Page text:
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Hepatitis B

Infectious liver disease caused by the hepatitis B virus, spread primarily through sexual contact or through perinatal (vertical) transmission; now preventable by vaccine. Approximately 5% of acute hepatitis B cases become chronic.

PubMed Health Glossary
(Source: NIH - National Institute of Diabetes and Digestive and Kidney Diseases and National Library of Medicine)

About Hepatitis B

What is acute hepatitis B?

Acute hepatitis B is a short-term infection with the hepatitis B virus. Symptoms usually last several weeks but they can last up to 6 months. The infection sometimes clears up because your body is able to fight off the infection and get rid of the virus. Most healthy adults and children older than 5 who have hepatitis B get better without treatment.

What is chronic hepatitis B?

Chronic hepatitis B is a long-lasting infection with the hepatitis B virus. Chronic hepatitis B occurs when the body can't get rid of the hepatitis B virus. Children, especially infants, are more likely to get chronic hepatitis B, which usually has no symptoms until signs of liver damage appear.

Without treatment, chronic hepatitis B can cause liver cancer or severe liver damage that leads to liver failure. Liver failure occurs when the liver stops working properly. NIH - National Institute of Diabetes and Digestive and Kidney Diseases

What works? Research summarized

Evidence reviews

Hepatitis B vaccine, hepatitis B immunoglobulin, and hepatitis B vaccine plus immunoglobulin prevent perinatal transmission of hepatitis B

Hepatitis B vaccination and hepatitis B immunoglobulin are considered as preventive measures for newborn infants of HBsAg positive mothers. When all the identified trials were combined, hepatitis B vaccine alone, hepatitis B immunoglobulin alone, and hepatitis B vaccine plus hepatitis B immunoglobulin reduced perinatal transmission of hepatitis B compared with placebo or no intervention. Hepatitis B vaccine plus hepatitis B immunoglobulin were superior to hepatitis B vaccination alone. Adverse events were rare and mostly non‐serious.

In children or grown‐ups who have not been previously exposed to hepatitis B infection or whose exposure status is not known, hepatitis B vaccination as compared with no hepatitis B vaccination has an unclear effect on the risk of developing hepatitis B infection

Several million people world‐wide are infected with hepatitis B virus. The infection may cause serious short‐term and long‐term effects including portal hypertension, liver failure, liver cancer, and death. Hepatitis B vaccination is reported to be beneficial in some specific groups of people such as babies born to women infected with hepatitis B, health‐care workers, and people with long‐standing kidney failure. Whether hepatitis B vaccine is beneficial in people who have not been exposed to hepatitis B infection or those whose exposure status is not known is assessed in the present review.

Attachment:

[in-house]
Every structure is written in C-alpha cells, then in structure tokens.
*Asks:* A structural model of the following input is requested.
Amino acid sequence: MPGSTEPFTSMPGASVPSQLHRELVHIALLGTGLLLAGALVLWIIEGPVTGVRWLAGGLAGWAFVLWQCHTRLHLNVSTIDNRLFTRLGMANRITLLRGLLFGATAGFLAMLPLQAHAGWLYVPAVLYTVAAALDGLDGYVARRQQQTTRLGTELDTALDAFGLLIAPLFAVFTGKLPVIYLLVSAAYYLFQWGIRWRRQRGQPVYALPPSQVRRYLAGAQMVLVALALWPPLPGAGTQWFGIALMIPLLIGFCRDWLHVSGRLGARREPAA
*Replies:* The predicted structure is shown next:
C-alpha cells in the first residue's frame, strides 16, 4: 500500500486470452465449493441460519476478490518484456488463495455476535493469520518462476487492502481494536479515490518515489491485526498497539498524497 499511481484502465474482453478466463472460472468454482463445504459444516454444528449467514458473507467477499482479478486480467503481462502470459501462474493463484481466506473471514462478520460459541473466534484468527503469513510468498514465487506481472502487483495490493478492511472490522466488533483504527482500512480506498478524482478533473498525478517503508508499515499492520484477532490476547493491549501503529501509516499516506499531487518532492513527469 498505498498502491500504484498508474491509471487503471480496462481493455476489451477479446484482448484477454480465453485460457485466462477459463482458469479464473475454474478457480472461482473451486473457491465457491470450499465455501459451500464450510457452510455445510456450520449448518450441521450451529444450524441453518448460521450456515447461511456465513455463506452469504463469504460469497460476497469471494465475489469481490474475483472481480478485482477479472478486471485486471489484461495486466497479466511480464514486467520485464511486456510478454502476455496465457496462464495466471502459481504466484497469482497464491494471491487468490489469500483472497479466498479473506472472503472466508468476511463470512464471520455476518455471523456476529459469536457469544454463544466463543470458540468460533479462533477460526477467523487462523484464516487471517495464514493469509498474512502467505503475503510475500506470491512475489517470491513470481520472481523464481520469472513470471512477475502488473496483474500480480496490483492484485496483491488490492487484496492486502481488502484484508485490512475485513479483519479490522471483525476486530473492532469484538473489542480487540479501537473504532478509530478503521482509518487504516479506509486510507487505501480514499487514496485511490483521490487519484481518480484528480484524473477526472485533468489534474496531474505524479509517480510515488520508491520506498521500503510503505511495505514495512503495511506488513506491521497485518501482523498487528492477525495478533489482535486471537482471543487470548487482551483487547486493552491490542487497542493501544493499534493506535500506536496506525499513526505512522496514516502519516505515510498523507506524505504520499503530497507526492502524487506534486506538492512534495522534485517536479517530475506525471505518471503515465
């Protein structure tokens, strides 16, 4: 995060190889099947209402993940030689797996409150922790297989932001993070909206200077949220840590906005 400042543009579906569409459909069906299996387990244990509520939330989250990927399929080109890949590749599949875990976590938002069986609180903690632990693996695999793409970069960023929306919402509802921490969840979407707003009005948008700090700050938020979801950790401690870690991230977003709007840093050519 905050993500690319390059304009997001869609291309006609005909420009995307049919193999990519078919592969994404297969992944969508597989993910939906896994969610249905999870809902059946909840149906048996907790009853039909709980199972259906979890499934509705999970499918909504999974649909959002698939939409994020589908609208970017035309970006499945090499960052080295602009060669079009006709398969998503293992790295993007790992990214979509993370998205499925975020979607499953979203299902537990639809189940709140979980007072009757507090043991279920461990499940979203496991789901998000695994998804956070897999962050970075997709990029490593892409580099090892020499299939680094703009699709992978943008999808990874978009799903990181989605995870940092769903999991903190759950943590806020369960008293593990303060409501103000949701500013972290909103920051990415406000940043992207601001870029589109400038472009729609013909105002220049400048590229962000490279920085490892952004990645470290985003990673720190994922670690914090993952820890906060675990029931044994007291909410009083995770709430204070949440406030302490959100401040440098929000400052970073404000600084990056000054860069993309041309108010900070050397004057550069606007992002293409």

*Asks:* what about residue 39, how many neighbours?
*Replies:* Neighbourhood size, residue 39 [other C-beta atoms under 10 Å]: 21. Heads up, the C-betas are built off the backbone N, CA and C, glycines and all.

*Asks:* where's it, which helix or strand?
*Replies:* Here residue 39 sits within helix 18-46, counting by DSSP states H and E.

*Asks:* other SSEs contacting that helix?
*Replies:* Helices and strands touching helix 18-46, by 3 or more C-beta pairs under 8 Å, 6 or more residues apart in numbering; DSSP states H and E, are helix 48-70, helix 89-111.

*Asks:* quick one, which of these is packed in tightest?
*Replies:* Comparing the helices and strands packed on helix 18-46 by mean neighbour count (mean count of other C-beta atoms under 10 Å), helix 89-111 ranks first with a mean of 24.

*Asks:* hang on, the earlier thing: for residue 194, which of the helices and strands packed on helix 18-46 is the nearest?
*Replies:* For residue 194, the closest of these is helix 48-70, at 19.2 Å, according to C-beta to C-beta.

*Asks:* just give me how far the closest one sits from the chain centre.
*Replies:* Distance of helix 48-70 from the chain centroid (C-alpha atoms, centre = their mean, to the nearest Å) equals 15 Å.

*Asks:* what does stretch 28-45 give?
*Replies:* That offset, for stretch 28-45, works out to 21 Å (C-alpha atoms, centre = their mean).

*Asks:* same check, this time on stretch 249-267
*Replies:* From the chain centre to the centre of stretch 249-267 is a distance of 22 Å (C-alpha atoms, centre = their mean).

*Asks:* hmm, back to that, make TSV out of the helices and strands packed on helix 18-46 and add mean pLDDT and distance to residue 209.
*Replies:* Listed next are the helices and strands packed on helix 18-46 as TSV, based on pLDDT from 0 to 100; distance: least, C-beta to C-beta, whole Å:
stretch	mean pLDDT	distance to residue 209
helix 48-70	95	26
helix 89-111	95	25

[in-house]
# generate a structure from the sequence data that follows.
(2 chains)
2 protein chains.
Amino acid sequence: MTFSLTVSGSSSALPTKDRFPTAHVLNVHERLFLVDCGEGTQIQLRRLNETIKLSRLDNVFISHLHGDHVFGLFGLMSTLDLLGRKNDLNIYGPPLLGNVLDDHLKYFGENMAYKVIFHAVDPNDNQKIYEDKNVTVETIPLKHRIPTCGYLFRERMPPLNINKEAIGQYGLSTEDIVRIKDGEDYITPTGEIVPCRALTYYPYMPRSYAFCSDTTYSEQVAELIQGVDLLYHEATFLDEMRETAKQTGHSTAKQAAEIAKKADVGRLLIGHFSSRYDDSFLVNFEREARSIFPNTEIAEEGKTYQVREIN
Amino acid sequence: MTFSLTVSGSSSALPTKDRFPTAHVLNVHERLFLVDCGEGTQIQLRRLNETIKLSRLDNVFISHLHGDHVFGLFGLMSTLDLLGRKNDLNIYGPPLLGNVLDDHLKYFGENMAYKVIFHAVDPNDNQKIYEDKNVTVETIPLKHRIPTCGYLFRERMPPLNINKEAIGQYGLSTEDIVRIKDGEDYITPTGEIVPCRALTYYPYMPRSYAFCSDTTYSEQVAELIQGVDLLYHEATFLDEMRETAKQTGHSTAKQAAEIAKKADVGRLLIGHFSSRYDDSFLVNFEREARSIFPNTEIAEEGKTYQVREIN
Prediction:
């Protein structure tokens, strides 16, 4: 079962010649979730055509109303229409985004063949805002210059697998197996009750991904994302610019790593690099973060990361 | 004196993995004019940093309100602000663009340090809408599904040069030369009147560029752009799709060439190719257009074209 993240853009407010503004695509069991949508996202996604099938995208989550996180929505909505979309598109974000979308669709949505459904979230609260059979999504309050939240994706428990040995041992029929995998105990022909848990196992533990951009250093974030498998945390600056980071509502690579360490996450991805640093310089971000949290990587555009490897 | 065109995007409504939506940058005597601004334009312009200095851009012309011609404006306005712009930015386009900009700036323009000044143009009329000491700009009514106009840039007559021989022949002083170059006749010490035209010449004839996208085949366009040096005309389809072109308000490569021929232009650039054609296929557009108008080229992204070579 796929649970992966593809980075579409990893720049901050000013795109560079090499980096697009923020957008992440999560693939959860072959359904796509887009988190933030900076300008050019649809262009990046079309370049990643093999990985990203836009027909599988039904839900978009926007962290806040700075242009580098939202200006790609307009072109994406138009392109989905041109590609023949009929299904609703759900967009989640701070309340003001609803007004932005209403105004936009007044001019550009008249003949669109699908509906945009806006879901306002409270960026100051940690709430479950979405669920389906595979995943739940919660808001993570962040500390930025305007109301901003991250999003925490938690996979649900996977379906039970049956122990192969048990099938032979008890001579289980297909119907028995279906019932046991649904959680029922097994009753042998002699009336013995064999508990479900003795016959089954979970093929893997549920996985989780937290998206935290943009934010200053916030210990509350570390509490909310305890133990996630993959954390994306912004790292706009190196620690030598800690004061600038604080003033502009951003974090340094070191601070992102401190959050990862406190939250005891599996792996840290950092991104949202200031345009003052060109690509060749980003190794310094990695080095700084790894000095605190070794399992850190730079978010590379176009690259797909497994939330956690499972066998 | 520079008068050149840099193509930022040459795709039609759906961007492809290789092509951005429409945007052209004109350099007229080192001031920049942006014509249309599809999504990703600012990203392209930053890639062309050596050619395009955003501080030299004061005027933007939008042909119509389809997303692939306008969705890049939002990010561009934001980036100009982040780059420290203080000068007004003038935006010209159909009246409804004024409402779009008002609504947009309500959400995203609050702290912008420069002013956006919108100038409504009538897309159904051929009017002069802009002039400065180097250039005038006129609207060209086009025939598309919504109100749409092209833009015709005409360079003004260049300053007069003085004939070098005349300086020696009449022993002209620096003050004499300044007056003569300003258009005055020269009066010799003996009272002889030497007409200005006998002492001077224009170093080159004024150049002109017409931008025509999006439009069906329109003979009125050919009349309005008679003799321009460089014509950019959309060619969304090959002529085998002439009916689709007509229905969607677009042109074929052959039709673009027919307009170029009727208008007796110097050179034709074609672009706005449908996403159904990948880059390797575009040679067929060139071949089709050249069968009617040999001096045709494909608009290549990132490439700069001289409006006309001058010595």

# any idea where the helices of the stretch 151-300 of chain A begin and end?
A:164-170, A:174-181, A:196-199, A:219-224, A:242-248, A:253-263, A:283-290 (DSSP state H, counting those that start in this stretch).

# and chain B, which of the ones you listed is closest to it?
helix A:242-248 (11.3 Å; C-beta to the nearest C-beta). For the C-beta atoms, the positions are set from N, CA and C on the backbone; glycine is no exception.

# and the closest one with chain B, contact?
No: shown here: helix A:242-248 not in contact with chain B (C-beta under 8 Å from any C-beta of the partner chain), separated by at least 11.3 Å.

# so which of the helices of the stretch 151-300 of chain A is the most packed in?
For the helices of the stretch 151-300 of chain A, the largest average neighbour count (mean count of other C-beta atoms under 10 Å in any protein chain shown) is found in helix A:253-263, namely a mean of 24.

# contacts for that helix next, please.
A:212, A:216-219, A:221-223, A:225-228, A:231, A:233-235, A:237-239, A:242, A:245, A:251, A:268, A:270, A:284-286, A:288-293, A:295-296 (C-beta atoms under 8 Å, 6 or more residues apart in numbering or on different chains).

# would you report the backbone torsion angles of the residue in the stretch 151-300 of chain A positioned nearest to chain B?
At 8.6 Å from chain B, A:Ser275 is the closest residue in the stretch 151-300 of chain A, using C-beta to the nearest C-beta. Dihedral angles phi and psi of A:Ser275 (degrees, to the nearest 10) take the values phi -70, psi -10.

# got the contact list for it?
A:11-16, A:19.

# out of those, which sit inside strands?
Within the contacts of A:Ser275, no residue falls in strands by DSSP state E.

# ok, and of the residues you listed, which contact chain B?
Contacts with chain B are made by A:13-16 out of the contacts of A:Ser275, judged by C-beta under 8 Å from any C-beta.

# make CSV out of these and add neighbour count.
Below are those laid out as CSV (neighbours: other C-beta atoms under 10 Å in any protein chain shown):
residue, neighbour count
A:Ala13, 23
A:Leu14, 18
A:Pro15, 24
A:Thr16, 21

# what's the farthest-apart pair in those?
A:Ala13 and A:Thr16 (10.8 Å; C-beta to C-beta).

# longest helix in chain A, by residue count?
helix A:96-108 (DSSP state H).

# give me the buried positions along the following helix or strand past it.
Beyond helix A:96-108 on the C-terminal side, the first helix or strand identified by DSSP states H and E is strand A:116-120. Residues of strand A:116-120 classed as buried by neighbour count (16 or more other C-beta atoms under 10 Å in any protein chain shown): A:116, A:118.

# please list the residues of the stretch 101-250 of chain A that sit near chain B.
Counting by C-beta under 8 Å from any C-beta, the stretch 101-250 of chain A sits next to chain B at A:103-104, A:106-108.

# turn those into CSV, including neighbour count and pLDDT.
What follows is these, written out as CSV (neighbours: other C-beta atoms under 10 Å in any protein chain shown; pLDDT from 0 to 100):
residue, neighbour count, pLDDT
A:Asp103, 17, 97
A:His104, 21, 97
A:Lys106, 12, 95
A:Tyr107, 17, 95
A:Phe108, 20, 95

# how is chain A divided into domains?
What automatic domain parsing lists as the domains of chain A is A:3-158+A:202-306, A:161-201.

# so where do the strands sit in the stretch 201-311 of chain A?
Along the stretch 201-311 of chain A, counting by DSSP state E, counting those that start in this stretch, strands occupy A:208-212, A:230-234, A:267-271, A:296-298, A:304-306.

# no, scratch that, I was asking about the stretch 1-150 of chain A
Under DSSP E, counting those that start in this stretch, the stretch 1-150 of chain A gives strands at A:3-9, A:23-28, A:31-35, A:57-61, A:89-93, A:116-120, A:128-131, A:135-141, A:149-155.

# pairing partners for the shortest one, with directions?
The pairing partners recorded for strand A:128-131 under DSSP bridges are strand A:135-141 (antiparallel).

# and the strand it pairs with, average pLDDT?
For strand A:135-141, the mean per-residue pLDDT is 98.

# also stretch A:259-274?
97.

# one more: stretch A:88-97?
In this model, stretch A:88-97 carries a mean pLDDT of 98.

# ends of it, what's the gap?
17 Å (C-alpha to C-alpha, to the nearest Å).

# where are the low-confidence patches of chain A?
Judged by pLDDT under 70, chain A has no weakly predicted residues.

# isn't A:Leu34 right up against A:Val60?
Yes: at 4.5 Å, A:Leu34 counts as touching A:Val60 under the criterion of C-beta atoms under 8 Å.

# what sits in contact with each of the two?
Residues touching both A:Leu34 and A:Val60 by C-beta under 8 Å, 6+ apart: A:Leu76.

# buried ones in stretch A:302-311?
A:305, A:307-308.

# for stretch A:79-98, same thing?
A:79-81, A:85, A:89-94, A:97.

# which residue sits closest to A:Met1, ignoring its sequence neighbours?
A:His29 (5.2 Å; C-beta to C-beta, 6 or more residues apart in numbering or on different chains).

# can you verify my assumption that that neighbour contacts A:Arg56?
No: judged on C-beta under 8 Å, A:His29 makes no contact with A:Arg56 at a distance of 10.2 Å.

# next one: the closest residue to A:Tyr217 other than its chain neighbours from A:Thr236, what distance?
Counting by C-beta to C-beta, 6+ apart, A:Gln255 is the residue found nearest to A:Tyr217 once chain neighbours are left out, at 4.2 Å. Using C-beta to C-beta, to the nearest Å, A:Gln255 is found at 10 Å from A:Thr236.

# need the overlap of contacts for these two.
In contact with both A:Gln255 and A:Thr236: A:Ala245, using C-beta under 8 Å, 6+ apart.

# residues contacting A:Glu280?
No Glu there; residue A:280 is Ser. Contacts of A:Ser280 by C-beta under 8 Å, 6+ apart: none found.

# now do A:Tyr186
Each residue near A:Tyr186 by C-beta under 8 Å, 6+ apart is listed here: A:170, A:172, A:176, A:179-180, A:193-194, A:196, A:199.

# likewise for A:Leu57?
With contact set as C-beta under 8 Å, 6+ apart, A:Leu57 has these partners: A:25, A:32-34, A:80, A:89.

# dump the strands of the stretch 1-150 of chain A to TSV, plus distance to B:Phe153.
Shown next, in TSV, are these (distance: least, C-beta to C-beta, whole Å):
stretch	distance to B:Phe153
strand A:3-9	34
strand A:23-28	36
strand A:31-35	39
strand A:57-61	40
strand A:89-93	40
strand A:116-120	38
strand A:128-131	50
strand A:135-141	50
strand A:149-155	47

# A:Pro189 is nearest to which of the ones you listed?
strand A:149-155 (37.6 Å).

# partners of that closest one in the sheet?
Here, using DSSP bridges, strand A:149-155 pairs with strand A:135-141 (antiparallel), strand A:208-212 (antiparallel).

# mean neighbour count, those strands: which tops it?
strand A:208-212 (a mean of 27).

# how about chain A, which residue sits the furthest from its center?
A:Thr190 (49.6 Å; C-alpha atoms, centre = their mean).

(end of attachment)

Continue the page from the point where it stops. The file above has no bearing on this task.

Hepatitis B (Chronic): Diagnosis and Management of Chronic Hepatitis B in Children, Young People and Adults

Chronic hepatitis B describes a spectrum of disease usually characterised by the presence of detectable hepatitis B surface antigen (HBsAg) in the blood or serum for longer than 6 months. In some people, chronic hepatitis B is inactive and does not present significant health problems, but others may progress to liver fibrosis, cirrhosis and hepatocellular carcinoma (HCC). The progression of liver disease is associated with hepatitis B virus (HBV) DNA levels in the blood. Without antiviral treatment, the 5-year cumulative incidence of cirrhosis ranges from 8 to 20%. People with cirrhosis face a significant risk of decompensated liver disease if they remain untreated. Five-year survival rates among people with untreated decompensated cirrhosis can be as low as 15%. Chronic hepatitis B can be divided into e antigen- (HBeAg) positive or HBeAg-negative disease based on the presence or absence of e antigen. The presence of HBeAg is typically associated with higher rates of viral replication and therefore increased infectivity.

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Summaries for consumers

Hepatitis B: Overview

Hepatitis is the medical term for an inflammation of the liver. It is often caused by an infection with certain viruses. The hepatitis B virus is mainly spread through blood, but also through other body fluids. 

Hepatitis B: Should I get tested or vaccinated?

Certain groups of people have a higher risk of becoming infected with hepatitis B. But on the whole, less than 1 out of 100 people in Germany have a hepatitis B infection. Adults who have no special risk do not seem to have health benefits from doing a test or from having a vaccination.

Hepatitis B vaccine, hepatitis B immunoglobulin, and hepatitis B vaccine plus immunoglobulin prevent perinatal transmission of hepatitis B

Hepatitis B vaccination and hepatitis B immunoglobulin are considered as preventive measures for newborn infants of HBsAg positive mothers. When all the identified trials were combined, hepatitis B vaccine alone, hepatitis B immunoglobulin alone, and hepatitis B vaccine plus hepatitis B immunoglobulin reduced perinatal transmission of hepatitis B compared with placebo or no intervention. Hepatitis B vaccine plus hepatitis B immunoglobulin were superior to hepatitis B vaccination alone. Adverse events were rare and mostly non‐serious.

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More about Hepatitis B

Photo of an adult

Also called: Hep B, Hepatitis B viral infection

See Also: Hepatitis D

Other terms to know:
Acute, Chronic, Vertical Transmission (Perinatal Transmission)

Related articles:
Hepatitis B Vaccine

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